Yesterday, in a ceremony awarding prizes to a successful US Navy football team at the White House, President Obama greeted a fellow Hawaiian with a “hang loose” sign (aka the Shaka gesture), which was of course returned.
On the day before his Inauguration in January, an amateur video showed then-President-elect Barack Obama with his wife, greeting VIP guests at a concert held in his honour on the Mall, in Washington DC; many of these guests were black Americans, and Young Bazza spoke to them in a different accent, different tone of voice, and with different body language to his normal public persona. As a state congressman in Illinois, he once remarked to an aide that the folks he met upstate were just like his Kansan relatives. As is well-known, he was a big-city urban politician from Chicago, of a type that can be found throughout the North-East and in some cities elsewhere – think The Wire (Baltimore), or think larger-than-life city politicians from TR, Fiorello La Guardia, Richard Daley, John Lindsay, Ed Koch, Tip O’Neill, through to Rudy Giuliani and Cory Booker. He was also Editor of the Harvard Law Review, putting him into the intellectual A-league alongside people like Adlai Stevenson, Henry Kissenger, Sam Nunn and both Clintons.
Perhaps the key reason for Obama’s sudden rise to national prominence in the US is his ability to identify with people from all over the map, to make people feel that he is “one of us” in lots of different communities. In this he takes after “Ol’ 57 Varieties” himself, Teddy Roosevelt. Obama, of course, takes this to a new global level, with his family connections to Kenya and to Indonesia.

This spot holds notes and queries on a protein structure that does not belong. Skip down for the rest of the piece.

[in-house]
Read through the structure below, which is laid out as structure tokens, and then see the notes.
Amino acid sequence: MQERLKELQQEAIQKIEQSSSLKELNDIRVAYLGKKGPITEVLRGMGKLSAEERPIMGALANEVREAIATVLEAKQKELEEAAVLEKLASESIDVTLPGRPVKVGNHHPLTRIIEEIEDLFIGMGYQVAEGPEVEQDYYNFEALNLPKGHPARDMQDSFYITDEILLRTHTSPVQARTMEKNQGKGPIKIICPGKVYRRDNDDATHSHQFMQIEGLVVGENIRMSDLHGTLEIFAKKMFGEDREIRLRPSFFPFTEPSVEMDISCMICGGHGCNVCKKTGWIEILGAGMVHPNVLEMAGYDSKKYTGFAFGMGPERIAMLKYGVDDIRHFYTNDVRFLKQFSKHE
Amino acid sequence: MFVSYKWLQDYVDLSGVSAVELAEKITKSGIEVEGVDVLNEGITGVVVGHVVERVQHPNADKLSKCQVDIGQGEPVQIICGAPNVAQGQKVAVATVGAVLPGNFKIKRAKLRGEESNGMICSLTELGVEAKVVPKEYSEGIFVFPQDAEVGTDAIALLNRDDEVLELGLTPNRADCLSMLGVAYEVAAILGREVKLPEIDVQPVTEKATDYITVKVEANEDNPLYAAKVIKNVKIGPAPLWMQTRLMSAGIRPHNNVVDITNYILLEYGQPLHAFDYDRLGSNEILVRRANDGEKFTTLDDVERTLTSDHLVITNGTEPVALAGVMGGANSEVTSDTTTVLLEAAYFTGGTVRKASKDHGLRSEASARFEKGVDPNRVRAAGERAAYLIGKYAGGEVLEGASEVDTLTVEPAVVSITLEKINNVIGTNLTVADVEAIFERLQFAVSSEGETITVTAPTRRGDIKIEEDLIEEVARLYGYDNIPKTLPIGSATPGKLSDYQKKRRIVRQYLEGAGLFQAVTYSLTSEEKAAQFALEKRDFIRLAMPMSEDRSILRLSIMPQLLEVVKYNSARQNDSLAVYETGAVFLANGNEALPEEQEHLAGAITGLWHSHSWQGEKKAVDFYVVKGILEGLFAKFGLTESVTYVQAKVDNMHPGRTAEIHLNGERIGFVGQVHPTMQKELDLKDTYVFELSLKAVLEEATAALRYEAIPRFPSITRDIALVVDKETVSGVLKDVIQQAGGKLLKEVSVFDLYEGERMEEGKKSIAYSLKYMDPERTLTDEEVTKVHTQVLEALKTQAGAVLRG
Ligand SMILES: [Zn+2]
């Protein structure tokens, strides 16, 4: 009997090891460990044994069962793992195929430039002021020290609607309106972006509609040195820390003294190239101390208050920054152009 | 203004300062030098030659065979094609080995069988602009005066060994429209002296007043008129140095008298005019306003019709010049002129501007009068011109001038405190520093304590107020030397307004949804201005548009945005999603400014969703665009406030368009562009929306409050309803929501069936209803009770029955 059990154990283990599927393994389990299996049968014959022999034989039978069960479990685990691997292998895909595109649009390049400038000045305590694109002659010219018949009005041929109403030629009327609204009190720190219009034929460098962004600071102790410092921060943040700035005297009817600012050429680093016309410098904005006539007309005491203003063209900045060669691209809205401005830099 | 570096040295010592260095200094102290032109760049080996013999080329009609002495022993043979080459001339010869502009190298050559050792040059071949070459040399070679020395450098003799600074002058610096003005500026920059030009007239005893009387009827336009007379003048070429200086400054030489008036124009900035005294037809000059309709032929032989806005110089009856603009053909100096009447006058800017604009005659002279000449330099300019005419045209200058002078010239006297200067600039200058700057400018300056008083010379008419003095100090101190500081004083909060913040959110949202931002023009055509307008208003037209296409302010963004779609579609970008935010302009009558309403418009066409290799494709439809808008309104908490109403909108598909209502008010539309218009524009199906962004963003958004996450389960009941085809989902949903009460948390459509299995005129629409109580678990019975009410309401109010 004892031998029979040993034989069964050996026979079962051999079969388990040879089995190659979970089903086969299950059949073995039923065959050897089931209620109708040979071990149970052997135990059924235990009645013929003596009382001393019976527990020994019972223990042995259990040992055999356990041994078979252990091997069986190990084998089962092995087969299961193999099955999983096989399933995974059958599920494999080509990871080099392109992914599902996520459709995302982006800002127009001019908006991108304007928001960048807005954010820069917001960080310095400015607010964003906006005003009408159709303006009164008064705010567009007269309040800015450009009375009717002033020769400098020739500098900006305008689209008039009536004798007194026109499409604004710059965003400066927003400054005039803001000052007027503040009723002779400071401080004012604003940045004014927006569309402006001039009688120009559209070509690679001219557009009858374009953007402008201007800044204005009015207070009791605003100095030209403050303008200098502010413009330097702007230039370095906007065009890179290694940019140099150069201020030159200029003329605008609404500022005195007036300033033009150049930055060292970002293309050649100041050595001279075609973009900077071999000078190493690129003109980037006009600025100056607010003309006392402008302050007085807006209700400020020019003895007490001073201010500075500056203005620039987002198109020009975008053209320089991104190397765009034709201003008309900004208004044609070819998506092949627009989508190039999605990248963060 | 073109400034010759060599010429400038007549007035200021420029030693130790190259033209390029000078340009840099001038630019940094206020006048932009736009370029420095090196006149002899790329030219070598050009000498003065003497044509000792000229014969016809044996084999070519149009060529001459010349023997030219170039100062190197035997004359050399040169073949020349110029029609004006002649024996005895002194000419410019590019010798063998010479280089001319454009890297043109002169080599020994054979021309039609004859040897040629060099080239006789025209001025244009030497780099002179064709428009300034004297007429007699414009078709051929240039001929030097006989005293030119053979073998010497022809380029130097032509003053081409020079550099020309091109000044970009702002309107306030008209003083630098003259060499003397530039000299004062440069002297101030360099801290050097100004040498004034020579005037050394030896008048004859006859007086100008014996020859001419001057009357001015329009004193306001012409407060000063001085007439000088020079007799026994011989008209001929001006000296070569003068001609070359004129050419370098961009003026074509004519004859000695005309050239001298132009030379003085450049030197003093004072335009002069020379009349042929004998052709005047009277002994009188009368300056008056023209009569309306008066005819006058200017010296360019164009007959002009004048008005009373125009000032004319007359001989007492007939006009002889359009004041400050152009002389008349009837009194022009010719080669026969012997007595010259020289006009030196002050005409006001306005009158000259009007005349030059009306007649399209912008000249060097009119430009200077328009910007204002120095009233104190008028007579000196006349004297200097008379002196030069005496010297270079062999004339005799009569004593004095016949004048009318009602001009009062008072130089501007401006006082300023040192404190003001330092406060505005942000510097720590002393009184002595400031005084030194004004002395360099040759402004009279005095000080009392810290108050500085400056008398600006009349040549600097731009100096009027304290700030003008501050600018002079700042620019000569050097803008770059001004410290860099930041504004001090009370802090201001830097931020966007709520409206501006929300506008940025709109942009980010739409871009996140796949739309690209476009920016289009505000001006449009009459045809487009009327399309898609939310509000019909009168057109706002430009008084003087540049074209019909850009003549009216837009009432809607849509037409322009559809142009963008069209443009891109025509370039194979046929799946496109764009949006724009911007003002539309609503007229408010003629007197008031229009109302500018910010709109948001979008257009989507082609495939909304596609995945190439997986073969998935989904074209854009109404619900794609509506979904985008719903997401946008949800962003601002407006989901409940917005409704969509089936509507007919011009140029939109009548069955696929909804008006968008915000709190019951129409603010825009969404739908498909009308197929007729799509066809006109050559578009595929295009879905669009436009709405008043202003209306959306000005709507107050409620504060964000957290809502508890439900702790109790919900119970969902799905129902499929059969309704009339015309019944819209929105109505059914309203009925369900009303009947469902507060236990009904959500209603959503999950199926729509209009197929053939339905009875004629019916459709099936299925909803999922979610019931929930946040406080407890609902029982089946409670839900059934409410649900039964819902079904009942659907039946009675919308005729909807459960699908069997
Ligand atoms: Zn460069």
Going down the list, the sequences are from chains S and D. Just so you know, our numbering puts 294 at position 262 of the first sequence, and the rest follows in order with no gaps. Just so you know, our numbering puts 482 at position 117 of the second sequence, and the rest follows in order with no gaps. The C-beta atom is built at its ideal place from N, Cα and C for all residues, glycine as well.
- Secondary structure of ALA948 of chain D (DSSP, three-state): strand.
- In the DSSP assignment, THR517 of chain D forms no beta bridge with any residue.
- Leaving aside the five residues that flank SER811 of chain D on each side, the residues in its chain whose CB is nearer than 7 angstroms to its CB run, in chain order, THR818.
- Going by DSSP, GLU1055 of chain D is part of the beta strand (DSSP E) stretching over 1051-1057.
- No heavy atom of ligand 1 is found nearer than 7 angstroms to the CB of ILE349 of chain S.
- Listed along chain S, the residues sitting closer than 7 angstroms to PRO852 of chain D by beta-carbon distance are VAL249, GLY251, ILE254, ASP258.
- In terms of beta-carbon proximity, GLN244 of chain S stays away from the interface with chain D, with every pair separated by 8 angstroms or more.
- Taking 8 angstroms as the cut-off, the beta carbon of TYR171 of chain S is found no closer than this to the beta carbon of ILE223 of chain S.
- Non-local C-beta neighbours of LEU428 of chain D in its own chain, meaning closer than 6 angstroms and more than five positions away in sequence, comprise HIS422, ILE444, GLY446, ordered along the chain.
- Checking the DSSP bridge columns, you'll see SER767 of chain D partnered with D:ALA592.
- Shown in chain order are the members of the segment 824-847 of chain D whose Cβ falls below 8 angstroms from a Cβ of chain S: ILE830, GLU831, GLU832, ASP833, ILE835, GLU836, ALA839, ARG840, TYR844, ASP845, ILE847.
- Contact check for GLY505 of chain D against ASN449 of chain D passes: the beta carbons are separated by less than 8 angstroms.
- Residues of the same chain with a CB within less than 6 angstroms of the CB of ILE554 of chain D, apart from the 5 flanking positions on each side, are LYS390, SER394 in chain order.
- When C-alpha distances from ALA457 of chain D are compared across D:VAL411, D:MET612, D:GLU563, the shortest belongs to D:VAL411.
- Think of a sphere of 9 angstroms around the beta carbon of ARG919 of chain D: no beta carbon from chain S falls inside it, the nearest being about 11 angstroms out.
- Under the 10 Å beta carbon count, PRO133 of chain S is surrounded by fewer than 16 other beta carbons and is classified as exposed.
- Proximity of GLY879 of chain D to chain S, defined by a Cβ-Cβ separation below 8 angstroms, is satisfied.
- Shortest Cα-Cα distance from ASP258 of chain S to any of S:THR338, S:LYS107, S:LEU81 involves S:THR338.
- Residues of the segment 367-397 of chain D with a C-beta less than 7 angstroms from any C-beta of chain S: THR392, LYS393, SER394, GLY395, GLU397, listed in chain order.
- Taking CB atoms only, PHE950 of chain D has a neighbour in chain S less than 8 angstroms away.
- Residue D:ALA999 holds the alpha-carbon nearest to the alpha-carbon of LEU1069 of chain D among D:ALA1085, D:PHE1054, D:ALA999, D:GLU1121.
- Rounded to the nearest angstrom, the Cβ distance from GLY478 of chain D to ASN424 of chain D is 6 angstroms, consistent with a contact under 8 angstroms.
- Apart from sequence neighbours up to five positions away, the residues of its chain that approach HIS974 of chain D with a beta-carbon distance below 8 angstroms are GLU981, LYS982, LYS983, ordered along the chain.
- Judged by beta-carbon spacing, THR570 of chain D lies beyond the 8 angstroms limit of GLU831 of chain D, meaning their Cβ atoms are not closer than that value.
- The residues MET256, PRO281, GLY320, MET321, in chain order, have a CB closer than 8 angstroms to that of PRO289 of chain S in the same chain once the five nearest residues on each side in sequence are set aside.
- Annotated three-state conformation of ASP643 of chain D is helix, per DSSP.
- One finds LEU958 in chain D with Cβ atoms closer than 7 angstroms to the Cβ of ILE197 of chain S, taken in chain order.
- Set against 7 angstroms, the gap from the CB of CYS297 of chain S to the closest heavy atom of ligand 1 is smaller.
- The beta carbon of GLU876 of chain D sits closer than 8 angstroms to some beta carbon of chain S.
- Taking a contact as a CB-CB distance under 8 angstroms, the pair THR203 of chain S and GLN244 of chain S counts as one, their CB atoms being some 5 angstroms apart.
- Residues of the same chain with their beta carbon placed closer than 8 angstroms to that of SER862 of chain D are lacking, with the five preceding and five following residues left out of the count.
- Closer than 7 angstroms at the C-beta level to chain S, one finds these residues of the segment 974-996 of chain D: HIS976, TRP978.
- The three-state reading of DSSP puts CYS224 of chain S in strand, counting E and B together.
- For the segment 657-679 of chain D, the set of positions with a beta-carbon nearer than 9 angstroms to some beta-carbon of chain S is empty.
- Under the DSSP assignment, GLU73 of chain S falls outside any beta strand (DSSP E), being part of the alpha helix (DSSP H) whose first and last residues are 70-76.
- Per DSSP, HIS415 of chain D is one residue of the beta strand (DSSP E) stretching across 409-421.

Two thoughts come to mind. The first is that several successful politicians have had backgrounds or career experiences that enable them to connect with many different communities in their home countries: [tag]Harold Wilson[/tag] for example, who traveled the length and breadth of Britain in his 20s as a researcher for [tag]William Beveridge[/tag] and for the Beveridge Commision; [tag]Eddison Zvobgo[/tag], another Harvard Law School graduate and Minister for Local Government in Robert Mugabe’s newly-independent Zimbabwe, who used the role to build a nationwide constituency; and [tag]Bob Hawke[/tag], Australian PM, who spent the main part of his career as first a researcher with and then President of the Australian Council of Trades Unions (the ACTU), a position which enabled him to travel widely, to meet people across the social spectrum, and to make connections internationally (eg, he negotiated with the USSR to allow greater Jewish emigration to Israel).
My second thought is that this provides us with another way to classify the various US Presidents. Some Presidents, like Obama, are post-industrial nomads, either not from one specific place or from several: TR, Hoover, Eisenhower, Nixon, Reagan and Bush 41. Other Presidents are firmly perceived as being from one specific place: Lincoln, Taft, Wilson, Harding, Coolidge, FDR, Truman, JFK, LBJ, Carter, Clinton and Bush 43. It is interesting that the only nomads before Obama were Republicans.
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